Stereoscopic digital mammography cut rate of false-positive results, study found
WEDNESDAY, Nov. 28 (HealthDay News) -- A 3-D view of breast tissue may give women a more accurate method of detecting breast cancers, according to a trial of a new technology called stereoscopic digital mammography.
False-positive results were almost cut in half with stereo mammography, said the technology's developer David Getty, a division scientist at BBN Technologies in Cambridge, Mass.
"These are women who at the moment are getting a call back from a radiologist saying something suspicious has been found," he explained. However, after subsequent testing, "most of them are finding out there was nothing there," Getty added.
"Being able to cut that number in half would have a dramatic impact" in reducing both patient anxieties and cost, he said.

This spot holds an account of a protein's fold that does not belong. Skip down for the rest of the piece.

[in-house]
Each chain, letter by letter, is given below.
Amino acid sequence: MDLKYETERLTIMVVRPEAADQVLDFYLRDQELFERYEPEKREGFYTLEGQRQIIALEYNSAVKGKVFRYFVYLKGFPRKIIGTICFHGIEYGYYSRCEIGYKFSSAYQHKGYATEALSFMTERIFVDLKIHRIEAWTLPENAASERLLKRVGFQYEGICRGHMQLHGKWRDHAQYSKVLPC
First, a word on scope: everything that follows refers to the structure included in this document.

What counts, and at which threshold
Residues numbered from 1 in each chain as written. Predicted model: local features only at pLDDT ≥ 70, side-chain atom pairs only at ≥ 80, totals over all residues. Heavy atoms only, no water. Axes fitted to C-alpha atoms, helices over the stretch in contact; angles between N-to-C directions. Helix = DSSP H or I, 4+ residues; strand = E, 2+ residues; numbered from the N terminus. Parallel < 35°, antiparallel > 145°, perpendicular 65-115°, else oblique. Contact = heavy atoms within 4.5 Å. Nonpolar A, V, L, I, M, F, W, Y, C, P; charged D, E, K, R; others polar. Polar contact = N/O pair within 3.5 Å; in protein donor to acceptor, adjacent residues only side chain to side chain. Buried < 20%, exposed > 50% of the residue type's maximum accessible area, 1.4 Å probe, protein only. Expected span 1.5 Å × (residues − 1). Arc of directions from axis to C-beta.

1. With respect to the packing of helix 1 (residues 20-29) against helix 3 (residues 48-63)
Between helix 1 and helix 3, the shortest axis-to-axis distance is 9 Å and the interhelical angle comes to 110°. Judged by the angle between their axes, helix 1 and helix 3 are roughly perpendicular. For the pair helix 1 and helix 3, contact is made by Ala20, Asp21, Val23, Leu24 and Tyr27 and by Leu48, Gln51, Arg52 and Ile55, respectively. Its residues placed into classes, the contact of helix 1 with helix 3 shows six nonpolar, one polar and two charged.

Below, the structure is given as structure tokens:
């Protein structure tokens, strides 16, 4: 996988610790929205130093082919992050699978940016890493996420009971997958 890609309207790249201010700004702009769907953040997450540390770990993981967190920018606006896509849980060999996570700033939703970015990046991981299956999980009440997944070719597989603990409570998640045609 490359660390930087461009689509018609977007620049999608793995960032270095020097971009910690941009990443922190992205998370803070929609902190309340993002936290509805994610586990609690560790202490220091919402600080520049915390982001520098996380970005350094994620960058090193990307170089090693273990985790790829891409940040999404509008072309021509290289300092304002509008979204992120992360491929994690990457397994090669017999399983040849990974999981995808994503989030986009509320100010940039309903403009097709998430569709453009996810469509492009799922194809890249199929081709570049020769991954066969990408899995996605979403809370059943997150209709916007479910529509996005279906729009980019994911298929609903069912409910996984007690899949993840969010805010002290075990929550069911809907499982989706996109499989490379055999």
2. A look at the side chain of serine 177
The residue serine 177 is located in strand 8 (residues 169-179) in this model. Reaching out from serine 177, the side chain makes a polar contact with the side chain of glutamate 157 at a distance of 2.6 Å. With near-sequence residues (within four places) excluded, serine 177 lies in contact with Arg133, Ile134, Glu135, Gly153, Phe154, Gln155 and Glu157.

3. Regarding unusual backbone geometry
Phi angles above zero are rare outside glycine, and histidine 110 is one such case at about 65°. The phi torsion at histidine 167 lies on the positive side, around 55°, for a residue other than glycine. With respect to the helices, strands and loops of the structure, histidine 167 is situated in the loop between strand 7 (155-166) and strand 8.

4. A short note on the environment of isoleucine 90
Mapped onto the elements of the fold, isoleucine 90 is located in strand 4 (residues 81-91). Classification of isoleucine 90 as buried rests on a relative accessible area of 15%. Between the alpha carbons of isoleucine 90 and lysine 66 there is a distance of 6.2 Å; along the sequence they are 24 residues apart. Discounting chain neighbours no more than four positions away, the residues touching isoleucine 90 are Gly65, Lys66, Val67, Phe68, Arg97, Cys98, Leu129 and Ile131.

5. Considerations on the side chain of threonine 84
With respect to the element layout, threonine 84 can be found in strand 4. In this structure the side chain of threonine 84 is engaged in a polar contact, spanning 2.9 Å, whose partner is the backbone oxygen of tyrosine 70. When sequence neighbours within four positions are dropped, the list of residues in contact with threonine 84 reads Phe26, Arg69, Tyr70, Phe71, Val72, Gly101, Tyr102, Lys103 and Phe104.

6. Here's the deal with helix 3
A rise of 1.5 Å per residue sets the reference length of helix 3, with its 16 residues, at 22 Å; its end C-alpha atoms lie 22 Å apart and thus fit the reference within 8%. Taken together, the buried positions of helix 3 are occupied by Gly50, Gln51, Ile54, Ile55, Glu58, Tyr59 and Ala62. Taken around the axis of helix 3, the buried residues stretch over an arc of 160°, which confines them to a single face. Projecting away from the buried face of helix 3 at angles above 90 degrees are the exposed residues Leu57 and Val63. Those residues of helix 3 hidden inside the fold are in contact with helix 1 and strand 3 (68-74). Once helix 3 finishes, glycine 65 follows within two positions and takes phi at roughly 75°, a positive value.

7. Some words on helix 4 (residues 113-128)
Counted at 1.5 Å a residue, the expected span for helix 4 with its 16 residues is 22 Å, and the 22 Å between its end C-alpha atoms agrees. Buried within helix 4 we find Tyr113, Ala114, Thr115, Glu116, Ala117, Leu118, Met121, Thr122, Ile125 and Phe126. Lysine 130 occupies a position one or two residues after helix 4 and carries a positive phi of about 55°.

A second dramatic benefit to the new technology lies in "finding lesions that are being missed on standard mammography. Most of them will turn out to be benign, but some additional cancers will be found," Getty said.
Getty was expected to present the results Wednesday at the Radiological Society of North America's annual meeting in Chicago.
The five-year trial, conducted at Emory University in Atlanta and scheduled to end in December, focused on almost 1,100 women at elevated risk for breast cancer. According to Getty, the trial was a collaboration with Dr. Carl D'Orsi, the director of Emory's breast imaging center.
Results so far show that that stereo mammography reduced false-positives by 49 percent. The stereoscopic equipment failed to detect 24 out of 109 cancerous lesions, compared to 40 out of 109 lesions not found through standard digital mammography, Getty said.
Another advantage of the stereoscopic digital mammography is that it "is much better at picking up cluster calcifications [that] can be associated with malignancy," Getty a
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